Skip to comments.Jews like Christmas, too [Like Hanukkah, both holidays celebrate miracles and the golden rule]
Posted on 12/23/2011 9:09:50 PM PST by Clive
Being Jewish never interfered with my enjoyment of Christmas or my love for this time of year.
As a child, my parents would seat me outside my dads store Als Mens Wear on Yonge Street to watch the Santa Claus Parade and it never failed to enchant.
Then it would be off with mom to see the Christmas windows at Eatons and Simpsons, with their animatronic displays of Santas workshop and other winter scenes.
Visits to jolly department-store Santas were also part of our annual routine and did not make me feel internally conflicted about being Jewish, or want to convert to Christianity. They were just fun.
Nor did joining the rest of my classmates in decorating the class Christmas tree at school, the two most popular decorations we made being cut-out (non-denominational) lanterns and snow flakes.
Indeed, I cannot remember one time growing up or any incident to this day where I found anything about the Christmas season to be offensive, or to interfere with my own celebration of the Jewish holiday of Hanukkah, at this time of year.
Actually, since I married a nice Catholic girl who converted to Judaism after we had children some of my fondest and funniest memories are about Christmas.
Like the time I was in church with Krys for midnight mass, seated in the balcony, and a beer bottle came slowly rolling down the inclined aisle, steadily gathering speed as it went until it hit the front of the balcony with a crash.
It was all we could do not to burst into laughter as the congregation on the main floor looked up to see what all the commotion was about save, of course, for the mortified individual who had lost control of the bottle and who, unsurprisingly, never revealed himself. (Or, for all I know, herself.)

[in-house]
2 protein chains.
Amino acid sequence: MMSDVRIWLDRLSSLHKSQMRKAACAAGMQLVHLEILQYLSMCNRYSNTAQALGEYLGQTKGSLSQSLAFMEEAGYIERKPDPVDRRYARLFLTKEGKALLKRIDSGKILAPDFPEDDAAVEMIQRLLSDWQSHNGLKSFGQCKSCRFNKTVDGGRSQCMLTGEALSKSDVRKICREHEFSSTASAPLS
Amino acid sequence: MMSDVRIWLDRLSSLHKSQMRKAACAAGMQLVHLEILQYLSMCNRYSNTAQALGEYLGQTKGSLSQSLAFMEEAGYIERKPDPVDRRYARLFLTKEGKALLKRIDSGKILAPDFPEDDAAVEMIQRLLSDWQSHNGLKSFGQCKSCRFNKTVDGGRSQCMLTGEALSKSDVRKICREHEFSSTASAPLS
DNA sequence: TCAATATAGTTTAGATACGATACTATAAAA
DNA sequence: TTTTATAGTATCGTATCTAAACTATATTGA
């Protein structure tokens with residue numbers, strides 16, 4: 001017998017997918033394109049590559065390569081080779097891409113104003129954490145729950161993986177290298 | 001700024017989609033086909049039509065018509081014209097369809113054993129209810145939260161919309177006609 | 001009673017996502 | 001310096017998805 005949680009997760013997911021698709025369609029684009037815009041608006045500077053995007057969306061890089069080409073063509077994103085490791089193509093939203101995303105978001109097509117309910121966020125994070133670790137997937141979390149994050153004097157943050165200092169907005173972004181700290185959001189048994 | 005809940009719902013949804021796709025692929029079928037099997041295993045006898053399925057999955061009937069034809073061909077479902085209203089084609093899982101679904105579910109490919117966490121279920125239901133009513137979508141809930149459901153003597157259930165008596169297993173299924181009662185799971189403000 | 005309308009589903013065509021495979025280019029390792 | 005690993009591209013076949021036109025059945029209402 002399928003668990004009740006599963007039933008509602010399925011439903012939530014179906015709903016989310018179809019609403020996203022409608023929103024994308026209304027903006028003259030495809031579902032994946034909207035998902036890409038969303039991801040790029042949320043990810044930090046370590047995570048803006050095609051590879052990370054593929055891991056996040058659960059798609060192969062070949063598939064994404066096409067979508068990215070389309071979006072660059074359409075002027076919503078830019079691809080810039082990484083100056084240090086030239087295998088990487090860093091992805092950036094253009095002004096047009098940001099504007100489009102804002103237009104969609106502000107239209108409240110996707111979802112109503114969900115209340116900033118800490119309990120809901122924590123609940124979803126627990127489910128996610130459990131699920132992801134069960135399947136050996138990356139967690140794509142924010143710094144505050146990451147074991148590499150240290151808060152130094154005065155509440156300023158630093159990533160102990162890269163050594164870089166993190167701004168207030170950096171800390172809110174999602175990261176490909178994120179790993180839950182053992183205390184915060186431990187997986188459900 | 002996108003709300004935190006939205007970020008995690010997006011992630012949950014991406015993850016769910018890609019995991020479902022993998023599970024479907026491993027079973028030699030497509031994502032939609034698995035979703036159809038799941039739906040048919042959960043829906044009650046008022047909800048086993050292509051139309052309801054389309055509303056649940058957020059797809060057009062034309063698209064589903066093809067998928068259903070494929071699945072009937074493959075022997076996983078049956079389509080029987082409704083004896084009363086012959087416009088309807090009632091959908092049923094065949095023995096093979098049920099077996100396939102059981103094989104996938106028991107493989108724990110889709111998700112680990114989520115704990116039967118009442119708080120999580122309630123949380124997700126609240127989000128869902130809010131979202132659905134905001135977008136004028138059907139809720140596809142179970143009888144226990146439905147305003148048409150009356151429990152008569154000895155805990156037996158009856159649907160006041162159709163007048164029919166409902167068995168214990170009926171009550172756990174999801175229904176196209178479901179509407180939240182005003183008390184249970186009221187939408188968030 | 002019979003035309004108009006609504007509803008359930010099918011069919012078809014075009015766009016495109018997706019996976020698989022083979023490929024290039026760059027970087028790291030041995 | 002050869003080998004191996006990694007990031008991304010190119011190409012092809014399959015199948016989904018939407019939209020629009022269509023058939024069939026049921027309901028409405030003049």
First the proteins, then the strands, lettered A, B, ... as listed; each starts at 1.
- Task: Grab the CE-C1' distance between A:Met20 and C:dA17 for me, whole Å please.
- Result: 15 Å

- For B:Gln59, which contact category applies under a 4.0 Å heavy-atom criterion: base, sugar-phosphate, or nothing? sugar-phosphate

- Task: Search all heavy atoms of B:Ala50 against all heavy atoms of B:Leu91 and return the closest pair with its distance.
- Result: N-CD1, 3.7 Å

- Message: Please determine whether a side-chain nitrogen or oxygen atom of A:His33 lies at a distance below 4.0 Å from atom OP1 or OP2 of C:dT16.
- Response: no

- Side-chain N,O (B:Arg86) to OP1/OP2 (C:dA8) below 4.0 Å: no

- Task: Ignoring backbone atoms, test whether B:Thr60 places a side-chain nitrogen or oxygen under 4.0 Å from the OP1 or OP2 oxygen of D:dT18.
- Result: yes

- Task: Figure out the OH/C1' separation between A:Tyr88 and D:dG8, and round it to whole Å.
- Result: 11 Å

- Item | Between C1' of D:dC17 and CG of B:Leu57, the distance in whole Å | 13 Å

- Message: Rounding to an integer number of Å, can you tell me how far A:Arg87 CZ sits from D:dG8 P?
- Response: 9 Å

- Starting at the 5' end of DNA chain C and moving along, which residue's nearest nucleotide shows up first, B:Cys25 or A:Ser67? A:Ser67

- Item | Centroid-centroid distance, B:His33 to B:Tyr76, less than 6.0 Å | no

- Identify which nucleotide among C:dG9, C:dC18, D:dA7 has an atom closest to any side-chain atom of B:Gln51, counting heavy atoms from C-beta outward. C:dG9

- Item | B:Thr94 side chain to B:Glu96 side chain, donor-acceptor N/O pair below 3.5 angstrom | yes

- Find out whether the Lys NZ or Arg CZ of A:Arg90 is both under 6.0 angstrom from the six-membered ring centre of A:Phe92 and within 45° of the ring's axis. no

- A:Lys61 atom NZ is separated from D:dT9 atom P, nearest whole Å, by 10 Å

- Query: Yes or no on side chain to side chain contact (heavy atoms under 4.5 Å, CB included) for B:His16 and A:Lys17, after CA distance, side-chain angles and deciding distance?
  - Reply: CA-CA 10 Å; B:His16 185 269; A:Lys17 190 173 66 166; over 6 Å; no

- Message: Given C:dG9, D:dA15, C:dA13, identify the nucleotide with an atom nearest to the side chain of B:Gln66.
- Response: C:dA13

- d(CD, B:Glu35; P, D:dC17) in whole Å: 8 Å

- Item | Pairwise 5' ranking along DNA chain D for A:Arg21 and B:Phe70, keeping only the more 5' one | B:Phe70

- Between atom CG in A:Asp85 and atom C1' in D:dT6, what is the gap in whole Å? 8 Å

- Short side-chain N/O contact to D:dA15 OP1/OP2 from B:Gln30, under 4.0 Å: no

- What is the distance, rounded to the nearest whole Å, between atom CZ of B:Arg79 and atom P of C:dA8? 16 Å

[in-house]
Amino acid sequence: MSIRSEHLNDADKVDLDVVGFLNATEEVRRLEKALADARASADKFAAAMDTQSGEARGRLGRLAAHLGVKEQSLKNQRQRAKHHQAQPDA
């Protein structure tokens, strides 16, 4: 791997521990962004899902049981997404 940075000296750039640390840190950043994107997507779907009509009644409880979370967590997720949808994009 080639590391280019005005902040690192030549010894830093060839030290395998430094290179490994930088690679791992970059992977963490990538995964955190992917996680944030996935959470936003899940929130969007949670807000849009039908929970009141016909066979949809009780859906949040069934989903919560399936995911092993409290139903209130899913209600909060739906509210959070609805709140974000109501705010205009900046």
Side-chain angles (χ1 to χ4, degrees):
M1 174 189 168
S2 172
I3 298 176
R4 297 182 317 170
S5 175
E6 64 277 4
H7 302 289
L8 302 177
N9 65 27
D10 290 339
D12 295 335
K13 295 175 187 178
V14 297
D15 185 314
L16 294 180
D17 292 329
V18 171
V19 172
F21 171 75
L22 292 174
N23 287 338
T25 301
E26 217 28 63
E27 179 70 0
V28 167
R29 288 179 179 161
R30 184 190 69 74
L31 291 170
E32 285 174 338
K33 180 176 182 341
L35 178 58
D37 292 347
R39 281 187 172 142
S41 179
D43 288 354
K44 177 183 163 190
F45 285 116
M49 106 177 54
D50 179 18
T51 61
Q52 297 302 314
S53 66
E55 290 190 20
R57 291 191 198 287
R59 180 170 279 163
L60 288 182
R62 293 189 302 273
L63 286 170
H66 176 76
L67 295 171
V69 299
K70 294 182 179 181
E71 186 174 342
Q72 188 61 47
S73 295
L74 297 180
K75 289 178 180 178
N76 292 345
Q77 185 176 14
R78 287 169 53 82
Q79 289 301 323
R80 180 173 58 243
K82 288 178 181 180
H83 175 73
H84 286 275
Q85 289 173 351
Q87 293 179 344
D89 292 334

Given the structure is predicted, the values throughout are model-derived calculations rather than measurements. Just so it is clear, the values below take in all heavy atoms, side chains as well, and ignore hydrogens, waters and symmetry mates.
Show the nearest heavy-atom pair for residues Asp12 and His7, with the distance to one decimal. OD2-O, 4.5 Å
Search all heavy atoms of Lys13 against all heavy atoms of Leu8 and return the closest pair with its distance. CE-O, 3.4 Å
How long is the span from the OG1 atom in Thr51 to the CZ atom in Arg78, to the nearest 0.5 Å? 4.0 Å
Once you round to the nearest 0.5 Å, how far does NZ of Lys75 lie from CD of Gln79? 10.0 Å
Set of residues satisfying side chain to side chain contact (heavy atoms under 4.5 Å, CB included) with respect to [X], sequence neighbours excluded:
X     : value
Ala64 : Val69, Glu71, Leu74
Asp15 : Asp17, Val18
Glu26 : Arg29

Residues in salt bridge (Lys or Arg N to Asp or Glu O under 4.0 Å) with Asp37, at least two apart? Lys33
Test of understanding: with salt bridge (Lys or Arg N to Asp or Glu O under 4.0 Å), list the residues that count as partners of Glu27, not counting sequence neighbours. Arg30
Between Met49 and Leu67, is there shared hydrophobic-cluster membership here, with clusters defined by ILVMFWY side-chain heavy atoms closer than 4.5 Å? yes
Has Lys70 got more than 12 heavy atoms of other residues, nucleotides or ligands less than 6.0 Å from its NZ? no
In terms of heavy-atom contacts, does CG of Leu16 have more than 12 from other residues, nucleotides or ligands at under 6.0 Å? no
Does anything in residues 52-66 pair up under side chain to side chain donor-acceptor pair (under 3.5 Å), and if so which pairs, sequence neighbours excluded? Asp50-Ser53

Then there was the time one very cold Christmas where Krys parents charged me with the responsibility of purchasing their Christmas tree, a mission I took very seriously as I ventured out into the snowy night, searching high and low for the perfect one, until I found it.
Stately, symmetrical and beautiful it was.
Unfortunately, free of frozen cat urine it was not.
By the time it thawed out, while we were decorating it, my in-laws house smelled like one of those homes overrun by cats they feature on A&Es Hoarders.
We sprinkled the base of the tree with about half a bottle of my mother-in-laws perfume.
This certainly made it smell better albeit still like a tree that was going out for a big date that had been peed on by a cat. Or rather, cats.
Then again, we never forgot that Christmas.
Our kids grew up celebrating Hanukkah at our house and, both of my parents having passed away before they were born, Christmas at grandmas and grandpas.
They had the best of both worlds. Aside from all the presents, they learned the messages of Christmas and Hanukkah to believe in miracles and to love one another as God wants us to werent very different at all.
Ive never understood busy-body bureaucrats and officious officials who want to ban the symbols of Christmas at this time of year for the sake of not offending religious minorities.
Um, which religious minorities? Be specific and dont claim to speak for me or all sorts of other folks who arent Christians.
You know, for a member of a religious minority like myself, Canada is a pretty cool place.
It provided a safe haven to my late father and his family after they were smuggled out of Russia in the early 20th Century during an anti-Semitic pogrom, which, trust me on this, were a lot more dangerous to Jews than Christmas trees or carols.
Indeed, as one of the relatively few countries on Earth that guarantees religious freedom and uses the power of the state to protect minorities from religious persecution, Canada is all right by me.
And Christmas is a part of Canada.
So Merry Christmas and Happy Hanukkah, everyone.
One of our friends who’s ex was Jewish always called their Christmas tree a Chrismukah tree
May this be the best Christmas, ever.
What an inspiring story. And really, why cannot Christians also observe Hanukkah, especially given that the only mention of Hanukkah in the Bible is in the NEW Testament, and Jesus himself observed it? (John 10:22—”feast of the dedication” = Hanukkah)
“And suddenly there was with the angel a multitude of the heavenly host praising God, and saying, Glory to God in the highest, and on earth peace, and good will toward men.” (Luke 2:13-14)
“For God sent not His Son into the world to condemn the world, but that the world through Him might be saved.” (John 3:17)
As a Jew I wish all my Christian friends Merry Christmas. Its not politically correct not to do this. America needs to go back to tradition of our nation. We are 90% Christian nation. No issue with me.
It is also mention in Maccabees, which Catholics and the Orthodox receive.
Thanks for the ping.
Maybe next year... what a nice idea.
The Jewish people with a young child put up a Christmas tree and hid Easter eggs with the other kids. The mother said that she didn't want him turned against his religion before he was old enough to understand.
She also seemed to enjoy it as much as anybody...and her tree was always one of the prettiest.